After the recent, short-term victory in the battle against the Dakota Access Pipeline, a pair of new encampments led by Native Americans opposed to the Trans-Pecos Pipeline in West Texas show that the tactics of the #NoDAPL water protectors have spread nationwide.
The Army Corps of Engineers denied a critical permit to the Dakota Access Pipeline on December 4, delaying completion of construction until Donald Trump takes office, and giving opponents more time to target the pipeline’s financial sponsors.
On Saturday, one Native American water protector and one local resident of Alpine, Texas, a community threatened by the Trans-Pecos Pipeline, locked themselves to construction equipment owned by Energy Transfer Partners, the Dallas-based company behind both pipelines. The lockdown symbolically celebrated the new Two Rivers camp, where many other water protectors are already gathering. A second site, Camp Trail Deer is also growing.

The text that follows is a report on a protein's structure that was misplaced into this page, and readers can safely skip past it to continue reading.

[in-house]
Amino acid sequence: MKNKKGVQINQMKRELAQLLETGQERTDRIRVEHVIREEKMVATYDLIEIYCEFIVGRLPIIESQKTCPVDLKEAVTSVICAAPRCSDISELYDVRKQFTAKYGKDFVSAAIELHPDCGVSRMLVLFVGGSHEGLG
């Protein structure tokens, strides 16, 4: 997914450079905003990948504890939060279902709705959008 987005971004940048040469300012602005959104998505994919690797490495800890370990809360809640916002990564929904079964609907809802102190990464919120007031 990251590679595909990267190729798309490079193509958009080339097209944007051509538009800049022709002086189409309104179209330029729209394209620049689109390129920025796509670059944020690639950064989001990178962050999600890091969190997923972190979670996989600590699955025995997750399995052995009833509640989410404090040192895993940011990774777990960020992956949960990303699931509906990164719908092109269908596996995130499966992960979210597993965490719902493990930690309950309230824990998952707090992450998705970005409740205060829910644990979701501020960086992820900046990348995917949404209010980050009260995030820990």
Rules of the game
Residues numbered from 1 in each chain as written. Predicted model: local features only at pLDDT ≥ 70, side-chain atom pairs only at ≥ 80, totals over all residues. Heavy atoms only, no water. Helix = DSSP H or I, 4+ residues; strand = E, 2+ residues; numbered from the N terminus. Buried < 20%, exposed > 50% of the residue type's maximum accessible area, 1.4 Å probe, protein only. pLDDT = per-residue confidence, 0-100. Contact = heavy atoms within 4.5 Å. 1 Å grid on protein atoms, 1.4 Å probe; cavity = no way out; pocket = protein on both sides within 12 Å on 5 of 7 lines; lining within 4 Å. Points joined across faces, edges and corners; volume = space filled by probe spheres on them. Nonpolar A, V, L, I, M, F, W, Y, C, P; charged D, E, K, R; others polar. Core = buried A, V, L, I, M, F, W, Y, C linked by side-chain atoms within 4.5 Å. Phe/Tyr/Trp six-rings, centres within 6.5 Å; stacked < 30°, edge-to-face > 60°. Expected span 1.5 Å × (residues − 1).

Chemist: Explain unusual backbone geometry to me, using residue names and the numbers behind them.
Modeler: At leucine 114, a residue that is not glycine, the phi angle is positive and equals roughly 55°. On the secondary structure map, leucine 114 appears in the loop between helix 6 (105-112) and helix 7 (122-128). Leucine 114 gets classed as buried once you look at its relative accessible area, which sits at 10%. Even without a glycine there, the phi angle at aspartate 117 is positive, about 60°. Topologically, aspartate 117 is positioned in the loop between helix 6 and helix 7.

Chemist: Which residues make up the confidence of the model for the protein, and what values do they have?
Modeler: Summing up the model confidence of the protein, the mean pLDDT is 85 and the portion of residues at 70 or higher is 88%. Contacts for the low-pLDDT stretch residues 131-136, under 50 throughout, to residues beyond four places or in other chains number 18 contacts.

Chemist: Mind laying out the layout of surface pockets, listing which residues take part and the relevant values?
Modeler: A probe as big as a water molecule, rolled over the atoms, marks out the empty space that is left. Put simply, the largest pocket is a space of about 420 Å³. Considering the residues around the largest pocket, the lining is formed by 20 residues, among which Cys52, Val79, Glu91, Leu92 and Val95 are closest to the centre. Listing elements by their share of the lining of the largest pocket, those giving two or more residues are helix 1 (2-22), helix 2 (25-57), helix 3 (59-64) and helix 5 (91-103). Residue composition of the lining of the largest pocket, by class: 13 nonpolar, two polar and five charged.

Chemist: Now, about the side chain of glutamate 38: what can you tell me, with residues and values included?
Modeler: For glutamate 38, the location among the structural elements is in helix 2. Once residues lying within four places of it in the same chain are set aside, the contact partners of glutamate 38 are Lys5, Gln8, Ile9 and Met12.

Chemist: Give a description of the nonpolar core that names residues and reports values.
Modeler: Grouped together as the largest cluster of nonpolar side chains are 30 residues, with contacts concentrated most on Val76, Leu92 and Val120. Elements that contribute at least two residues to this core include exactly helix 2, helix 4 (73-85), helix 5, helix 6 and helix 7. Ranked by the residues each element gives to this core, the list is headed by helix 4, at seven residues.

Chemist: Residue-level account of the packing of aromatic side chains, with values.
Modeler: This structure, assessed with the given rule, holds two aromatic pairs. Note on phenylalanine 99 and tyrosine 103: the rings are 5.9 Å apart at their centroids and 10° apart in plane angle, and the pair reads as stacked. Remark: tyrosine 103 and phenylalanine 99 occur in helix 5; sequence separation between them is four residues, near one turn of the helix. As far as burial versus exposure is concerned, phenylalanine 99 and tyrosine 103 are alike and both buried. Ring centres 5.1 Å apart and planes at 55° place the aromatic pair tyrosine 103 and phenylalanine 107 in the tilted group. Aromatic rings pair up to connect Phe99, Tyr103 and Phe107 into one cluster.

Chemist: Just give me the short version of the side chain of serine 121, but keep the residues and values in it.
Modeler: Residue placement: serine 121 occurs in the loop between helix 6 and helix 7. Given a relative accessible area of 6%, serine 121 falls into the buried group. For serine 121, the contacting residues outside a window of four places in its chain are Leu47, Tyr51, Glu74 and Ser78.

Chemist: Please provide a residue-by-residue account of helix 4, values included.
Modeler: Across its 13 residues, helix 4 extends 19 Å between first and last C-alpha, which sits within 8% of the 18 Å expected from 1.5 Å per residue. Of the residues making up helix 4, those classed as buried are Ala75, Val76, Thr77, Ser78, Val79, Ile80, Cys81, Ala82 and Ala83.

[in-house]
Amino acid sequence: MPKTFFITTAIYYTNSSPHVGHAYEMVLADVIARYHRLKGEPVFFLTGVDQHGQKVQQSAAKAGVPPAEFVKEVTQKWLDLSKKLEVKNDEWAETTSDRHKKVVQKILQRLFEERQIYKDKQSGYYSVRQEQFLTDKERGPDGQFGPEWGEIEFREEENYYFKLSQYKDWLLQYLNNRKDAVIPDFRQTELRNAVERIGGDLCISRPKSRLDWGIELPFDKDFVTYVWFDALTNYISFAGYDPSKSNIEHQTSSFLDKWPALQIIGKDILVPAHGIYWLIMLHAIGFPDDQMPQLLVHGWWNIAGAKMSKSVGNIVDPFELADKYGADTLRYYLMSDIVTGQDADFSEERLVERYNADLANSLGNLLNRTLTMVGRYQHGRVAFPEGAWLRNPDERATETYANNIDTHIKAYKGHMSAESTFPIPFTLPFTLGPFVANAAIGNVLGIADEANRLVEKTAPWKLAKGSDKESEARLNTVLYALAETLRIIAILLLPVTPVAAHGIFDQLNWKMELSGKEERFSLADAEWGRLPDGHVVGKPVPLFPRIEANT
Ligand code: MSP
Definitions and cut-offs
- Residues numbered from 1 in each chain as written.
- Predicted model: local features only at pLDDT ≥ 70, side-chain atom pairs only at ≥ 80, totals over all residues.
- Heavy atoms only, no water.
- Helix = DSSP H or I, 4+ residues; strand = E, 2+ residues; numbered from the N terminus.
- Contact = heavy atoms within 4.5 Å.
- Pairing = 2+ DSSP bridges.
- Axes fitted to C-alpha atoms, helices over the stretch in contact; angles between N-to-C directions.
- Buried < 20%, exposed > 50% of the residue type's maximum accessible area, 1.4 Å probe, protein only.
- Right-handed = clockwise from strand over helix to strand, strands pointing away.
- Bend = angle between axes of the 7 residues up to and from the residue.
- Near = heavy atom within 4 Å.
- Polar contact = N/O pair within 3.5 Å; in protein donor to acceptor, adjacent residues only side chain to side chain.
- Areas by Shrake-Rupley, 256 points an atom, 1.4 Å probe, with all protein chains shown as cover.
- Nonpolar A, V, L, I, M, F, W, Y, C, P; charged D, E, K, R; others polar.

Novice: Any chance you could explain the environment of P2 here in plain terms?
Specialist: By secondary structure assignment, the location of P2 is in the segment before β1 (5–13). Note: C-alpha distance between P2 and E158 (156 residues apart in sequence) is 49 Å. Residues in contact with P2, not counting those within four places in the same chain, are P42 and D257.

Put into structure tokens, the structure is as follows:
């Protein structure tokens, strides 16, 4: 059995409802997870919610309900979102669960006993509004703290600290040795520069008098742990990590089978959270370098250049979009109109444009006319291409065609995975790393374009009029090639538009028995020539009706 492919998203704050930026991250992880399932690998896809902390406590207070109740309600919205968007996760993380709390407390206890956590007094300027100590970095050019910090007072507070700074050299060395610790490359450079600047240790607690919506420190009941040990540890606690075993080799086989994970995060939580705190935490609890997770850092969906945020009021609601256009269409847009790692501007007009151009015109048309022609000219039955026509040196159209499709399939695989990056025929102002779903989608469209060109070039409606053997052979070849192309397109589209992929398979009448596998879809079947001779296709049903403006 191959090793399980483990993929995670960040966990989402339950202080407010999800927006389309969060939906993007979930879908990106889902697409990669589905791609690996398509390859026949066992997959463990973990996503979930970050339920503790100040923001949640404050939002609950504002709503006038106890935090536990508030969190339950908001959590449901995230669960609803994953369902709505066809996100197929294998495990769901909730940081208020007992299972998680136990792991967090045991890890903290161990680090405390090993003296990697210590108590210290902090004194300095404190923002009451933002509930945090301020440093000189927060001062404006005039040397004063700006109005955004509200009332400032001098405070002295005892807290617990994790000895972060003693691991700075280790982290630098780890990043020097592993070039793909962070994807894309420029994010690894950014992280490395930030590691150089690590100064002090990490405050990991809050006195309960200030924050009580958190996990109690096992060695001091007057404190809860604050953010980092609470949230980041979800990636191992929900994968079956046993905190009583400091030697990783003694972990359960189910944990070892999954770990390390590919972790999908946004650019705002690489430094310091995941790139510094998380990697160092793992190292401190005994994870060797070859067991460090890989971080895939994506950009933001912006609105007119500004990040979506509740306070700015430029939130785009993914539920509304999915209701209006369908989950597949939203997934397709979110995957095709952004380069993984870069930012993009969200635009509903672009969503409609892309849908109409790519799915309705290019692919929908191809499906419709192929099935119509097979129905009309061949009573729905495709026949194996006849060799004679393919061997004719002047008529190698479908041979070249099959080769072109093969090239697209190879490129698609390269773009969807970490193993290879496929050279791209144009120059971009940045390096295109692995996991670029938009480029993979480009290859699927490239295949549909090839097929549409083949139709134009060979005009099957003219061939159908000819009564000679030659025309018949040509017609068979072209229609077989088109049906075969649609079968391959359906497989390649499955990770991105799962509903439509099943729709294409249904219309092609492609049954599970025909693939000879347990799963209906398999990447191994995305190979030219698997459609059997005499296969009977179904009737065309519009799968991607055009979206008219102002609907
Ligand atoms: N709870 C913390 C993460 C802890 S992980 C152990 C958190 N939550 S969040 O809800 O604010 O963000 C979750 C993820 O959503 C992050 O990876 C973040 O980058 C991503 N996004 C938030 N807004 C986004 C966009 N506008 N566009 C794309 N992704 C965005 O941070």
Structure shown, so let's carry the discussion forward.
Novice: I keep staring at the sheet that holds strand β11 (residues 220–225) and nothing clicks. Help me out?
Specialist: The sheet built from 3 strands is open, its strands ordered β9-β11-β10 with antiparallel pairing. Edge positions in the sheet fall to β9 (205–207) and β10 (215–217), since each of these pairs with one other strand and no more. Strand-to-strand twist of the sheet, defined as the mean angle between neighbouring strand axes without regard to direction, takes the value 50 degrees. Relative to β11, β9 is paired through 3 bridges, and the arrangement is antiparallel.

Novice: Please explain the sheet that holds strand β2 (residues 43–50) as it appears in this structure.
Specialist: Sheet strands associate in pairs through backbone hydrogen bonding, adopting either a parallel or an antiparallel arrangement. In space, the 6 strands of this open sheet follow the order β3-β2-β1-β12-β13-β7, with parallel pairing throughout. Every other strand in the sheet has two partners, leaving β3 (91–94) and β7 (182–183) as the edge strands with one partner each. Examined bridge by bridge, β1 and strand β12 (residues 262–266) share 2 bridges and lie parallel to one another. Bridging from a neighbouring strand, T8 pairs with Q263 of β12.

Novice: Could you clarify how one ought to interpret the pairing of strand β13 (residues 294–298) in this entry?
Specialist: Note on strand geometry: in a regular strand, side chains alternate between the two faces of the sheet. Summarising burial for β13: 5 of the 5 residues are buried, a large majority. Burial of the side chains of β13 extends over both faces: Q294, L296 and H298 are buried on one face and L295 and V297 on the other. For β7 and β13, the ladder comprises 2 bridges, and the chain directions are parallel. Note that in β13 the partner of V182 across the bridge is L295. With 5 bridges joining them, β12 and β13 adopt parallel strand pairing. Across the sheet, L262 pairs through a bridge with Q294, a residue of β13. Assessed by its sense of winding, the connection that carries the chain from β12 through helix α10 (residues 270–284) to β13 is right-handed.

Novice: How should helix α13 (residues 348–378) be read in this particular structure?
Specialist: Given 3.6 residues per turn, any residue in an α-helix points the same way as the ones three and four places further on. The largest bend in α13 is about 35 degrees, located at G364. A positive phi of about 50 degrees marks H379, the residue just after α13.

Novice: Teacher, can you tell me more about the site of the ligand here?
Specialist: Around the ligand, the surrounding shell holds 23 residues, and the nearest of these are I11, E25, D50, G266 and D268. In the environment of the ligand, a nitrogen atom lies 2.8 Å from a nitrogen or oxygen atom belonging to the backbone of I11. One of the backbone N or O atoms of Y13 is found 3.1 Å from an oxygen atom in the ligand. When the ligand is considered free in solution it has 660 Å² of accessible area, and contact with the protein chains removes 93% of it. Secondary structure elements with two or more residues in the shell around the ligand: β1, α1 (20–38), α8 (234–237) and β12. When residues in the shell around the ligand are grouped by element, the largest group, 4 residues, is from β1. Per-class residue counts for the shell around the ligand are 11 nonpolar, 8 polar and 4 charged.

“It isn’t right that they’re able to take the land from people. It’s not right that they’re able to run these pipelines, contaminate the water with their fracking. It’s not right that they don’t care about the people,” Jakki Hagans, a Cherokee water protector, told Truthout as she locked herself to the equipment.